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INFORMATIONAL
Errata Exist
Network Working Group                                           C. Kalt
Request for Comments: 2810                                   April 2000
Updates: 1459
Category: Informational


                   Internet Relay Chat: Architecture

Status of this Memo

   This memo provides information for the Internet community.  It does
   not specify an Internet standard of any kind.  Distribution of this
   memo is unlimited.

Copyright Notice

   Copyright (C) The Internet Society (2000).  All Rights Reserved.

Abstract

   The IRC (Internet Relay Chat) protocol is for use with text based
   conferencing. It has been developed since 1989 when it was originally
   implemented as a mean for users on a BBS to chat amongst themselves.

   First formally documented in May 1993 by RFC 1459 [IRC], the protocol
   has kept evolving. This document is an update describing the
   architecture of the current IRC protocol and the role of its
   different components.  Other documents describe in detail the
   protocol used between the various components defined here.

Table of Contents

   1.  Introduction ...............................................   2
   2.  Components .................................................   2
      2.1  Servers ................................................   2
      2.2  Clients ................................................   3
         2.2.1  User Clients ......................................   3
         2.2.2  Service Clients ...................................   3
   3.  Architecture ...............................................   3
   4.  IRC Protocol Services ......................................   4
      4.1  Client Locator .........................................   4
      4.2  Message Relaying .......................................   4
      4.3  Channel Hosting And Management .........................   4
   5.  IRC Concepts ...............................................   4
      5.1  One-To-One Communication ...............................   5
      5.2  One-To-Many ............................................   5
         5.2.1  To A Channel ......................................   5
         5.2.2  To A Host/Server Mask .............................   6



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         5.2.3  To A List .........................................   6
      5.3  One-To-All .............................................   6
         5.3.1  Client-to-Client ..................................   6
         5.3.2  Client-to-Server ..................................   7
         5.3.3  Server-to-Server ..................................   7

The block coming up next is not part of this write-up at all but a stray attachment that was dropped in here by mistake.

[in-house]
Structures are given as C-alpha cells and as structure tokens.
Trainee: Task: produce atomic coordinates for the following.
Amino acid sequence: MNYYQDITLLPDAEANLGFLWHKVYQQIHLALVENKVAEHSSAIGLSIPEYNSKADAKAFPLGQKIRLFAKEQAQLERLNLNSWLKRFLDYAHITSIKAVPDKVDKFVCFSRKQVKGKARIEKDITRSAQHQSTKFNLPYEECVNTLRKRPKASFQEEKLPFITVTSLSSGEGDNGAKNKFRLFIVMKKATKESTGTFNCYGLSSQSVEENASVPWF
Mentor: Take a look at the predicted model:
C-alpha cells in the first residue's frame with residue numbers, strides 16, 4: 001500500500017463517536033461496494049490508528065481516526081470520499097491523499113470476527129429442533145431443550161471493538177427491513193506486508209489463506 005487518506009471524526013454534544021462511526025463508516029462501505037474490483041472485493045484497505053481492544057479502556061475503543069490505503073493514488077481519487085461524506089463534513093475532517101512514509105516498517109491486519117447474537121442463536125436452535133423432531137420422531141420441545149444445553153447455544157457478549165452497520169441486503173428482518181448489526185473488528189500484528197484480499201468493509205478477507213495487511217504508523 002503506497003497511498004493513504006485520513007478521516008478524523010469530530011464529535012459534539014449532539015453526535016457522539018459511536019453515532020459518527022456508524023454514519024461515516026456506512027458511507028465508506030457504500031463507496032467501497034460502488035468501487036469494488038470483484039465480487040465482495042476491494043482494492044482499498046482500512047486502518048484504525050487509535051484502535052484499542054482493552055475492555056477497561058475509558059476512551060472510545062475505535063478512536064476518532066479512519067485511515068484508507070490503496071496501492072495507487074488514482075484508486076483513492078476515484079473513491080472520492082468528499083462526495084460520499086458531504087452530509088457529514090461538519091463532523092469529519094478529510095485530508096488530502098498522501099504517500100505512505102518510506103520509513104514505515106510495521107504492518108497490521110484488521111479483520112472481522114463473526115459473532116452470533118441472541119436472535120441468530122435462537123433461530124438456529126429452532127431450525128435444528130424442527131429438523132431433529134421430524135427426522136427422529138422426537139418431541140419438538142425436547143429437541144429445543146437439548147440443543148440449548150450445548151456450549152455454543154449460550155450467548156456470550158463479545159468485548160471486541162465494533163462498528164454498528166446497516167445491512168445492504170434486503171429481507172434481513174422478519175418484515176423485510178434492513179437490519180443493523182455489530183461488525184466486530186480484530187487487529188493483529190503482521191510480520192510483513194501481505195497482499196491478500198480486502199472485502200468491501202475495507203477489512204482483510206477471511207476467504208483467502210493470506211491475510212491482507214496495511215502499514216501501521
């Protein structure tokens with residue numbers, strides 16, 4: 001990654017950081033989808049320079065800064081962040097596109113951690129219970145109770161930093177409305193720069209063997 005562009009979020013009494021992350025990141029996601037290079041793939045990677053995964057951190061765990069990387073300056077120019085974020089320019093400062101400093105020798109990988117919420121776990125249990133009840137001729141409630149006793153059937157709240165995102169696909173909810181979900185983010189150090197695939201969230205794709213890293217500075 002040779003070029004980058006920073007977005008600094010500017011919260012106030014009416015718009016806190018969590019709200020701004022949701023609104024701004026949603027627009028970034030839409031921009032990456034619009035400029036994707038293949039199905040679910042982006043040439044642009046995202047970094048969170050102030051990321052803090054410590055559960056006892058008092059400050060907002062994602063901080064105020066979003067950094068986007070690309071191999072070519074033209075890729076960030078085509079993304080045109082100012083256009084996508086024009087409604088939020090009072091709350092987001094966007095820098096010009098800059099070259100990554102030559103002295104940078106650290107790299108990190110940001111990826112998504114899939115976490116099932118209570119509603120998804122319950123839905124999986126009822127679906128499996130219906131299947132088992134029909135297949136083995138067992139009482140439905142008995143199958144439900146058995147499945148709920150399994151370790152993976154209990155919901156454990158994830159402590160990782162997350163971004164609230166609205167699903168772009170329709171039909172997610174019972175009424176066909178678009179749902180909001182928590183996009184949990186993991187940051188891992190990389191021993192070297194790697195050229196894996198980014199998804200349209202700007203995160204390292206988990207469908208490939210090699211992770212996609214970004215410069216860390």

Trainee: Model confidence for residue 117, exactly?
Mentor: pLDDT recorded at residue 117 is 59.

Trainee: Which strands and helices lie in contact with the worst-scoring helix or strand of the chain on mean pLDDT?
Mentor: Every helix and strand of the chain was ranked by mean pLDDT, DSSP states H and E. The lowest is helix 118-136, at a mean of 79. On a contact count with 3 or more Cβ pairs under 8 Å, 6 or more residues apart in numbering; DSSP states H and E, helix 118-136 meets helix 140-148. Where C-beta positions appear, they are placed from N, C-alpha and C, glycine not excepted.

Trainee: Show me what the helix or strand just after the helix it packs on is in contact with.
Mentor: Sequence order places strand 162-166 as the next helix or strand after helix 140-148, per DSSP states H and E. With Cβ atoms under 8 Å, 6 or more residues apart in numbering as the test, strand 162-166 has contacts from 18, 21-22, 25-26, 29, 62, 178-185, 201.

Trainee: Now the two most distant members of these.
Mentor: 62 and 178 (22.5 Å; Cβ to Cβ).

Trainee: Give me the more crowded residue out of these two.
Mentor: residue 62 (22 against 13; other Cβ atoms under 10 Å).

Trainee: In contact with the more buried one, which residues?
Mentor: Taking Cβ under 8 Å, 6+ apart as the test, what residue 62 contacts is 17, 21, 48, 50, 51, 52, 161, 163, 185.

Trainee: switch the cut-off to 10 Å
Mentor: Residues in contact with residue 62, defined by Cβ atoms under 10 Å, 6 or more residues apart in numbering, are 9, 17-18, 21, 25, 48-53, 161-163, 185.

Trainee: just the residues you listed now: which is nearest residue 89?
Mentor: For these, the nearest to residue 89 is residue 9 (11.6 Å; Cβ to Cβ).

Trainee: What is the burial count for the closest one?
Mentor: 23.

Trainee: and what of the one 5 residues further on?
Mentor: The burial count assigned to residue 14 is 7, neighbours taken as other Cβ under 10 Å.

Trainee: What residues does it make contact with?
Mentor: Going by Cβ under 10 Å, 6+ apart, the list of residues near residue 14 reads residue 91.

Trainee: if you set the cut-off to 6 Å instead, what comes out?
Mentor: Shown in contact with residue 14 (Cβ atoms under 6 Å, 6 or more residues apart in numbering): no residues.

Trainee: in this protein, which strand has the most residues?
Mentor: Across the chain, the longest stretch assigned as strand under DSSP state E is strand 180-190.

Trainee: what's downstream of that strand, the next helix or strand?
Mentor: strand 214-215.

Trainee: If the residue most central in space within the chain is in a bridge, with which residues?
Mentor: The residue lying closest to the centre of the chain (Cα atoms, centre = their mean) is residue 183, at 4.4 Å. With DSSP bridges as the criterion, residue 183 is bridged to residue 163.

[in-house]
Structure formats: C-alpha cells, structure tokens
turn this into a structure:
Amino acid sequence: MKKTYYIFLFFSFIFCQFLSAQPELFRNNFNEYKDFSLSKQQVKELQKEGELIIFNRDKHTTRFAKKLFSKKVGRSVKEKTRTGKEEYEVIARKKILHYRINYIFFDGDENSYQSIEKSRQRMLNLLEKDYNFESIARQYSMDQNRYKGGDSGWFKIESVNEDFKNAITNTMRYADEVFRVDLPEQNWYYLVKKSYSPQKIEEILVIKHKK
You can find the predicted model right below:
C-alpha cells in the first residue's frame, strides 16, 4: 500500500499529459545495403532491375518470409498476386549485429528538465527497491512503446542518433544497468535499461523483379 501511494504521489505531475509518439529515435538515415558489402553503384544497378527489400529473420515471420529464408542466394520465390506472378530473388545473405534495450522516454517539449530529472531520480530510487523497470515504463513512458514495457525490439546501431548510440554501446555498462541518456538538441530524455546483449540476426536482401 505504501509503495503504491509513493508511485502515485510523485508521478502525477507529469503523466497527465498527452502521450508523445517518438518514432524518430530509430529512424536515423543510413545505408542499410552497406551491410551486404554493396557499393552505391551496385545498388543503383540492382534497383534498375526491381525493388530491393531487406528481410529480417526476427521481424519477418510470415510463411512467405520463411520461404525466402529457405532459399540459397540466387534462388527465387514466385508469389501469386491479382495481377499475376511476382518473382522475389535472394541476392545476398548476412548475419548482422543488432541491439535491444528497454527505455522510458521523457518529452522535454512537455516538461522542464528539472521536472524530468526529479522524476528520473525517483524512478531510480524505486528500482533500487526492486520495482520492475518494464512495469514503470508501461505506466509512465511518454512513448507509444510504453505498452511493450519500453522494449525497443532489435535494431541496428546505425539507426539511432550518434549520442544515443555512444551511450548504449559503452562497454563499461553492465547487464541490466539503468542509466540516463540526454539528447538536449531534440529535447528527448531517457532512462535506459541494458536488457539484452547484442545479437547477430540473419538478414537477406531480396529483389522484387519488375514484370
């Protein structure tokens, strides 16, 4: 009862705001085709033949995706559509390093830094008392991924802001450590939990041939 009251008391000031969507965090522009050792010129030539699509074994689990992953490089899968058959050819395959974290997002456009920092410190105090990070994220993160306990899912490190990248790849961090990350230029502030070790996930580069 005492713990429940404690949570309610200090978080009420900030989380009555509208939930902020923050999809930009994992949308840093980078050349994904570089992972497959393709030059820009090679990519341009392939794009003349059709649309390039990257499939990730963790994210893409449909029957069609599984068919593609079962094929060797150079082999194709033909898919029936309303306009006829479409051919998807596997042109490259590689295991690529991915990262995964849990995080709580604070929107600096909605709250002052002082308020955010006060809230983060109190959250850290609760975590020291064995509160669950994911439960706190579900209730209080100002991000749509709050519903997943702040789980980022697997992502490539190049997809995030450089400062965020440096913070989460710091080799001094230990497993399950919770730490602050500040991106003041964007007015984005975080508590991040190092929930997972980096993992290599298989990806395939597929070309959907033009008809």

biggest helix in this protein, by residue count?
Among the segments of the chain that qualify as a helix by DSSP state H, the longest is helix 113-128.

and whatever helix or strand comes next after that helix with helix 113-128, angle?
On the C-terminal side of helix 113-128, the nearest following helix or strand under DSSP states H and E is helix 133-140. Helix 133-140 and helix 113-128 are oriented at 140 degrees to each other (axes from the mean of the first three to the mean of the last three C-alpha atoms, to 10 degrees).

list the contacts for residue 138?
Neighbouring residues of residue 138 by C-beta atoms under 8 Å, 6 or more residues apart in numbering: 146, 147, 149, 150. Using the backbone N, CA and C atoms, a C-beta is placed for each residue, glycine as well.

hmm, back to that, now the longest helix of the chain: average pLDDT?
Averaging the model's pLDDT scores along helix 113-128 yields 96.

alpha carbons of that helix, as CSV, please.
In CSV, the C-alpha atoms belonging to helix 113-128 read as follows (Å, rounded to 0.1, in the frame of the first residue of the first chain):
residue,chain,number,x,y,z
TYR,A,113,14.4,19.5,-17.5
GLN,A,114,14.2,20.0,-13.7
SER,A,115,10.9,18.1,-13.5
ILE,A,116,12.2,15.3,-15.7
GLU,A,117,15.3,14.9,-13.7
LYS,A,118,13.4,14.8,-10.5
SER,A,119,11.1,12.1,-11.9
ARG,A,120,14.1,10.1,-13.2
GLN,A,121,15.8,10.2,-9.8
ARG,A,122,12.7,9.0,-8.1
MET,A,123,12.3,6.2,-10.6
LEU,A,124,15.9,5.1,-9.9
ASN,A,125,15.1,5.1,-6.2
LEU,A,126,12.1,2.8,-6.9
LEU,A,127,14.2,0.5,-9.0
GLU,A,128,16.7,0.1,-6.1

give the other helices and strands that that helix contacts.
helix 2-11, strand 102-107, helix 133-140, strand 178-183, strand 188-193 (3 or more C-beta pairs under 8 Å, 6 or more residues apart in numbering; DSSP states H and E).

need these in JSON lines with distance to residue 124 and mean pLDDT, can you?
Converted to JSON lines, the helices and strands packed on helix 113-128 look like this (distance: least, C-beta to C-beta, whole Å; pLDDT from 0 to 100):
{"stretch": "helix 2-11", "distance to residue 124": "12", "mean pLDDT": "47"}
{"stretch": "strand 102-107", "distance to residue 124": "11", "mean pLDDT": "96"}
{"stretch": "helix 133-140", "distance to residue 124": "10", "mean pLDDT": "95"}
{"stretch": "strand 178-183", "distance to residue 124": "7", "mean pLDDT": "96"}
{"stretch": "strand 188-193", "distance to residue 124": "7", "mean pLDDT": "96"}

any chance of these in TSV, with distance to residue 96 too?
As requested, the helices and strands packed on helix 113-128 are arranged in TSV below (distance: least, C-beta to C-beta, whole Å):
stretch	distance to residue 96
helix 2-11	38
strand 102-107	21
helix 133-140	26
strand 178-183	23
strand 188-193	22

6.  Current Problems ...........................................   7
      6.1  Scalability ............................................   7
      6.2  Reliability ............................................   7
      6.3  Network Congestion .....................................   7
      6.4  Privacy ................................................   8
   7.  Security Considerations ....................................   8
   8.  Current Support And Availability ...........................   8
   9.  Acknowledgements ...........................................   8
   10.  References ................................................   8
   11.  Author's Address ..........................................   9
   12.  Full Copyright Statement ..................................  10

1. Introduction

   The IRC (Internet Relay Chat) protocol has been designed over a
   number of years for use with text based conferencing.  This document
   describes its current architecture.

   The IRC Protocol is based on the client-server model, and is well
   suited to running on many machines in a distributed fashion.  A
   typical setup involves a single process (the server) forming a
   central point for clients (or other servers) to connect to,
   performing the required message delivery/multiplexing and other
   functions.

   This distributed model, which requires each server to have a copy
   of the global state information, is still the most flagrant problem
   of the protocol as it is a serious handicap, which limits the maximum
   size a network can reach.  If the existing networks have been able to
   keep growing at an incredible pace, we must thank hardware
   manufacturers for giving us ever more powerful systems.

2. Components

   The following paragraphs define the basic components of the IRC
   protocol.